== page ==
The other day I was sitting on my boyfriend’s couch watching the cinematic masterpiece known as Notting Hill, only half paying attention because I was also scrolling through Instagram, when Hugh Grant’s a.k.a. William Thacker’s roommate Spike appeared on screen. He was dressed in nothing but beige boxers that barely registered against his creamy pallor — that is, until he changed into a T-shirt emblazoned with the words “I LOVE BLOOD” and an actual 3-D plastic snake head to model for William as a possible outfit option for an impending date.
In that moment, a highlight reel of scenes from my favorite romantic comedies whirred in my head, Bridesmaids, Failure to Launch and Pretty Woman among them, and I had an epiphany that manifested as a question: How and when did weird roommate subplots become a rom com staple, and why is no one talking about it?!
In Bridesmaids, Kristen Wiig’s a.k.a. Annie’s roommates Gil and Brynn (a preposterous pair of co-dependent siblings) are written purely for the sake of tormenting their living companion. In addition to reading her diary and sporting an infected “free” tattoo of an alleged Mexican drinking worm (just Brynn, but still), they also eventually evict Annie with no warning.
In Failure to Launch, Zooey Deschanel plays Sarah Jessica Parker’s weird-ass roommate Kit who becomes obsessed with killing a mockingbird (but claims to have never heard of the book To Kill a Mockingbird) and initiates a make-out with a guy after he shares that he had an undescended testicle until age 10.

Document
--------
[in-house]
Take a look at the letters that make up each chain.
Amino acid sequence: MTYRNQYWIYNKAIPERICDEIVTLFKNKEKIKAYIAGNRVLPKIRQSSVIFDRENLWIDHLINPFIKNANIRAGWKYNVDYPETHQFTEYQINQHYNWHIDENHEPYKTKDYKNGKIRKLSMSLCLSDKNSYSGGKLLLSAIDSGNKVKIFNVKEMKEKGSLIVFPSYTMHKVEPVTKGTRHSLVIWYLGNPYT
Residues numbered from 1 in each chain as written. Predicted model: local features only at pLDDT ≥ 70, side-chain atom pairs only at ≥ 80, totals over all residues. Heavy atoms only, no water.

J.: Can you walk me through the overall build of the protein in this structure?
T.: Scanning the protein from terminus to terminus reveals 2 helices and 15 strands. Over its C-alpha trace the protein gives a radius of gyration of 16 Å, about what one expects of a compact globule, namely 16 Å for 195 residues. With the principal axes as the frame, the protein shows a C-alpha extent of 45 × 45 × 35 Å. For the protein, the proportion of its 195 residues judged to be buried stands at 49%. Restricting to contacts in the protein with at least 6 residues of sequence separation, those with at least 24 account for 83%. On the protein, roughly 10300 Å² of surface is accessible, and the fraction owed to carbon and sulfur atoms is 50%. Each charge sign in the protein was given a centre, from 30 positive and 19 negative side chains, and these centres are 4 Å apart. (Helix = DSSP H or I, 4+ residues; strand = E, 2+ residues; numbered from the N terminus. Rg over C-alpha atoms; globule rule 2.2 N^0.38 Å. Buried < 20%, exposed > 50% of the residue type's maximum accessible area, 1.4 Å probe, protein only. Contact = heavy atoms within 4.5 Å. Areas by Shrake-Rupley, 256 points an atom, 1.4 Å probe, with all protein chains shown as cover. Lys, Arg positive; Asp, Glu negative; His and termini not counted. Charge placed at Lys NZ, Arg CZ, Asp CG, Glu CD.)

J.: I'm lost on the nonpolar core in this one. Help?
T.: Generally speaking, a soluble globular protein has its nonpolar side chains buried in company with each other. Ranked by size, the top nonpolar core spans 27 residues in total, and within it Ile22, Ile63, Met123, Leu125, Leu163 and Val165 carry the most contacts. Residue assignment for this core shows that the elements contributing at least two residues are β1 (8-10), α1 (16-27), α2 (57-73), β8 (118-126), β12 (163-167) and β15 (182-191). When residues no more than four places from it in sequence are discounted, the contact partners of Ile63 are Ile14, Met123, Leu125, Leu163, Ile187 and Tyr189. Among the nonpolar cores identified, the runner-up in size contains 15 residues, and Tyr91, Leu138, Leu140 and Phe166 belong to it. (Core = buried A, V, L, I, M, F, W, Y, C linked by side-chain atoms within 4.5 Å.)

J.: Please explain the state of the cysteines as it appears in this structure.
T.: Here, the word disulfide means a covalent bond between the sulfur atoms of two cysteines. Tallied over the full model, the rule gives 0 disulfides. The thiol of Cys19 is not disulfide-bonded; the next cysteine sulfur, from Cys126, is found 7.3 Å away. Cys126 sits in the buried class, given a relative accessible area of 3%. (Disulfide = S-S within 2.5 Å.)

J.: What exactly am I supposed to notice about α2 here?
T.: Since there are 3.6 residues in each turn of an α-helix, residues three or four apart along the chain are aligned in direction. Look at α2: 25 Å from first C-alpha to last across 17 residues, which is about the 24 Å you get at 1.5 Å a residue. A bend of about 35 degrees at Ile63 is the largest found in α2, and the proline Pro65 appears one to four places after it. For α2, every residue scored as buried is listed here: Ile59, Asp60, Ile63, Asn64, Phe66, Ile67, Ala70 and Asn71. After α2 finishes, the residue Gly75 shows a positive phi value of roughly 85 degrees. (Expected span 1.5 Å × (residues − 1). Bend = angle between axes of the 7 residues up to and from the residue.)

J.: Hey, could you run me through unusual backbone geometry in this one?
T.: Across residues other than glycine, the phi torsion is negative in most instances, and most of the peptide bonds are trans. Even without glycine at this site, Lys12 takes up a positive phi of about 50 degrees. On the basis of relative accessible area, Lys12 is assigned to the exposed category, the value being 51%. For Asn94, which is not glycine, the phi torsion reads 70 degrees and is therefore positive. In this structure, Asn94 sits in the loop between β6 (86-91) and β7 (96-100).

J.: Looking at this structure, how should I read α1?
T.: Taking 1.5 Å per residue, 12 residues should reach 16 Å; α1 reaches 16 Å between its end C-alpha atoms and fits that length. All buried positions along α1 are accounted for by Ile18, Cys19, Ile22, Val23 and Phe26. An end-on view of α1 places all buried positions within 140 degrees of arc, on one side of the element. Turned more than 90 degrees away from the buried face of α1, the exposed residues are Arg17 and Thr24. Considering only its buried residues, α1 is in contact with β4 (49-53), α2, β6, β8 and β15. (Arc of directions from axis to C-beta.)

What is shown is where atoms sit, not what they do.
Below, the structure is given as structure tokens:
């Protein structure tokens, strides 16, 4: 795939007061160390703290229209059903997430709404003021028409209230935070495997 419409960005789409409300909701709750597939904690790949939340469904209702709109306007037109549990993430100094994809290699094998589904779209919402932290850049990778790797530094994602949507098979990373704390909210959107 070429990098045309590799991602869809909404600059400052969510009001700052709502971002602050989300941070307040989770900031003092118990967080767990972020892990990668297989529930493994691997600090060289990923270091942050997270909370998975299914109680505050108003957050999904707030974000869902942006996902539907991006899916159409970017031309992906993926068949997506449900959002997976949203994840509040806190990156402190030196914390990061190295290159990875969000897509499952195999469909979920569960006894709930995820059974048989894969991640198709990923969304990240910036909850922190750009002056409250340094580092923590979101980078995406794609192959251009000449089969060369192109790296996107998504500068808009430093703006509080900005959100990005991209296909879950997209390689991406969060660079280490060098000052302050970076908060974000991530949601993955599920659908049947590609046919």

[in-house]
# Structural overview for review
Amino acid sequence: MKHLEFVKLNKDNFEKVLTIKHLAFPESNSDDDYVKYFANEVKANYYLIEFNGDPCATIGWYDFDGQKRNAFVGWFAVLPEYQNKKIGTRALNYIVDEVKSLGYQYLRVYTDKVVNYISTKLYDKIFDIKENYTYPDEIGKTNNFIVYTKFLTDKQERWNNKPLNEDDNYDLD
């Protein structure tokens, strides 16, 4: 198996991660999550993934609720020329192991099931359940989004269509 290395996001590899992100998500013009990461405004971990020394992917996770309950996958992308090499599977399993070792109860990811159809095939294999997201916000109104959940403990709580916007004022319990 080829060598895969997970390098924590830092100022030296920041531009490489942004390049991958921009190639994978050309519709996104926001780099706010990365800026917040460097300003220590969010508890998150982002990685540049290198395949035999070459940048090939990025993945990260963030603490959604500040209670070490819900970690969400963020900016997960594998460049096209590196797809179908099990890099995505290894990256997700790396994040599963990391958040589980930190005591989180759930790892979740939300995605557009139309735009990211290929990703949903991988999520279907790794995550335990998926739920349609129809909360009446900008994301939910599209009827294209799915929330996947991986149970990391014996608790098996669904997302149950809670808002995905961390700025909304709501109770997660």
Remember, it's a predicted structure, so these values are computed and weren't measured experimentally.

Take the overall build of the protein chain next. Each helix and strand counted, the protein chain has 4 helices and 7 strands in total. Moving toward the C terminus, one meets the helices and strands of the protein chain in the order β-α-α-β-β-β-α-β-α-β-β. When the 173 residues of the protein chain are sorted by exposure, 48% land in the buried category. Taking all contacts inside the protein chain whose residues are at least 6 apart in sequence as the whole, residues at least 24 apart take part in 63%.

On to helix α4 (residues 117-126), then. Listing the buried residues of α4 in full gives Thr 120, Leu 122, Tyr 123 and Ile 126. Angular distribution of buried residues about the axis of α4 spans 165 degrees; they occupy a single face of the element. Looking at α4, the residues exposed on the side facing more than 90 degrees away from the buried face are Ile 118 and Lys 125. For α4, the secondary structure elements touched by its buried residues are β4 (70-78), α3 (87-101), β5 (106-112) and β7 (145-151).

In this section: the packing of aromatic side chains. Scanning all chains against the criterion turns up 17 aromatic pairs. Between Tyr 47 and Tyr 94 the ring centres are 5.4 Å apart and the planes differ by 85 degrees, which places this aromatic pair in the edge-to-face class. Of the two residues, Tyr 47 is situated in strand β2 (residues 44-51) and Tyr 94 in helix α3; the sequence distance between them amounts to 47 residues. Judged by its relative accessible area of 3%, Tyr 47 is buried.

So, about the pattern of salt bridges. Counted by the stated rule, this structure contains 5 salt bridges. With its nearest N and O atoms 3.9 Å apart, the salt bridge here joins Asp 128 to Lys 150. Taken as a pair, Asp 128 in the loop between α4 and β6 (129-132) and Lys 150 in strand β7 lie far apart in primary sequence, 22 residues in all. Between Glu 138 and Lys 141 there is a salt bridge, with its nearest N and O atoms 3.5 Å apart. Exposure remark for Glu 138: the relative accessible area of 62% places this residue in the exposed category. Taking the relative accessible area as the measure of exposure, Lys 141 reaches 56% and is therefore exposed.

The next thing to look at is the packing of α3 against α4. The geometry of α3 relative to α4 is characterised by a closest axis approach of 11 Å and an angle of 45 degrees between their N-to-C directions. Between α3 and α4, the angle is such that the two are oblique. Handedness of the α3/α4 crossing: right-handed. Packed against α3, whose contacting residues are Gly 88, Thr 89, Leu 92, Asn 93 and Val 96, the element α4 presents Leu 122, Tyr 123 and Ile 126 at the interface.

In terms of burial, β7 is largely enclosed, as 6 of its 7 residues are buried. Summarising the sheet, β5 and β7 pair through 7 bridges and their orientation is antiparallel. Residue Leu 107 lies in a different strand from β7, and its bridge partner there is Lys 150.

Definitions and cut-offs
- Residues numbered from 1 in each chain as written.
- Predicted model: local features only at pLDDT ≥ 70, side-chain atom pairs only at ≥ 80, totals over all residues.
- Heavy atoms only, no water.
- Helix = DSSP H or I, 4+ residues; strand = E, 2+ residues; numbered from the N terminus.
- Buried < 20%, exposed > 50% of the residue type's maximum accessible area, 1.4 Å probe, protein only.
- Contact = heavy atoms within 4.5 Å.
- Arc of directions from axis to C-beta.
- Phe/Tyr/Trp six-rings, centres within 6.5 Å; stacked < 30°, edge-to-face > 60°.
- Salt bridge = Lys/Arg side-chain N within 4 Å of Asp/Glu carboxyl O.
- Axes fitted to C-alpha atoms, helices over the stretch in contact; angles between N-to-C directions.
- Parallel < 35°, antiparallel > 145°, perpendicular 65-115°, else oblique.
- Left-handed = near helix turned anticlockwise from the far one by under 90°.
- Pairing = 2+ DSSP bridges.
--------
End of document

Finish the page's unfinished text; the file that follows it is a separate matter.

In Pretty Woman, there’s another weird roommate named Kit (what are the odds!) who enjoys breathing heavily on shiny surfaces to create a fogging effect (you know what I’m talking about — that thing you did when you were little on car windows so you could draw little doodles with your finger? just me?) and refers to a hotel manager as “the sphincter police.”
Here we were as a society, all along thinking dramatic airport declarations of love and sex scenes where women keep their bras on and easily solved misunderstandings were the main tropes of romantic comedies — but nope. Weird roommates take the cake. As for why, I have a number of theories:
1. If one half of the protagonist couple is living with a weird roommate at the film’s outset, it conceivably makes you even more antsy for them to fall in love and ditch their current housing situation, right?
2. While not everyone has experienced a dramatic airport declaration of love (in fact, I know not a single person to whom this has happened), almost everyone has had a weird roommate. I had one in high school who lobbed spitballs at me from the balcony of our lofted room — a fun story for another time.
3. Weird roommates put the “com” in rom-com. Feel free to quote me.
While the above rundown consists of the weird roommate rom-com sub plots that immediately came to mind, I’m sure there are others out there. Meet me in the comments to add to the list, hypothesize further theories, submit your own weird roommate stories and/or all of the above. This is a safe space. Just like Hollywood.
Photo by Suzanne Hanover/©Universal Pictures/Courtesy Everett Collection.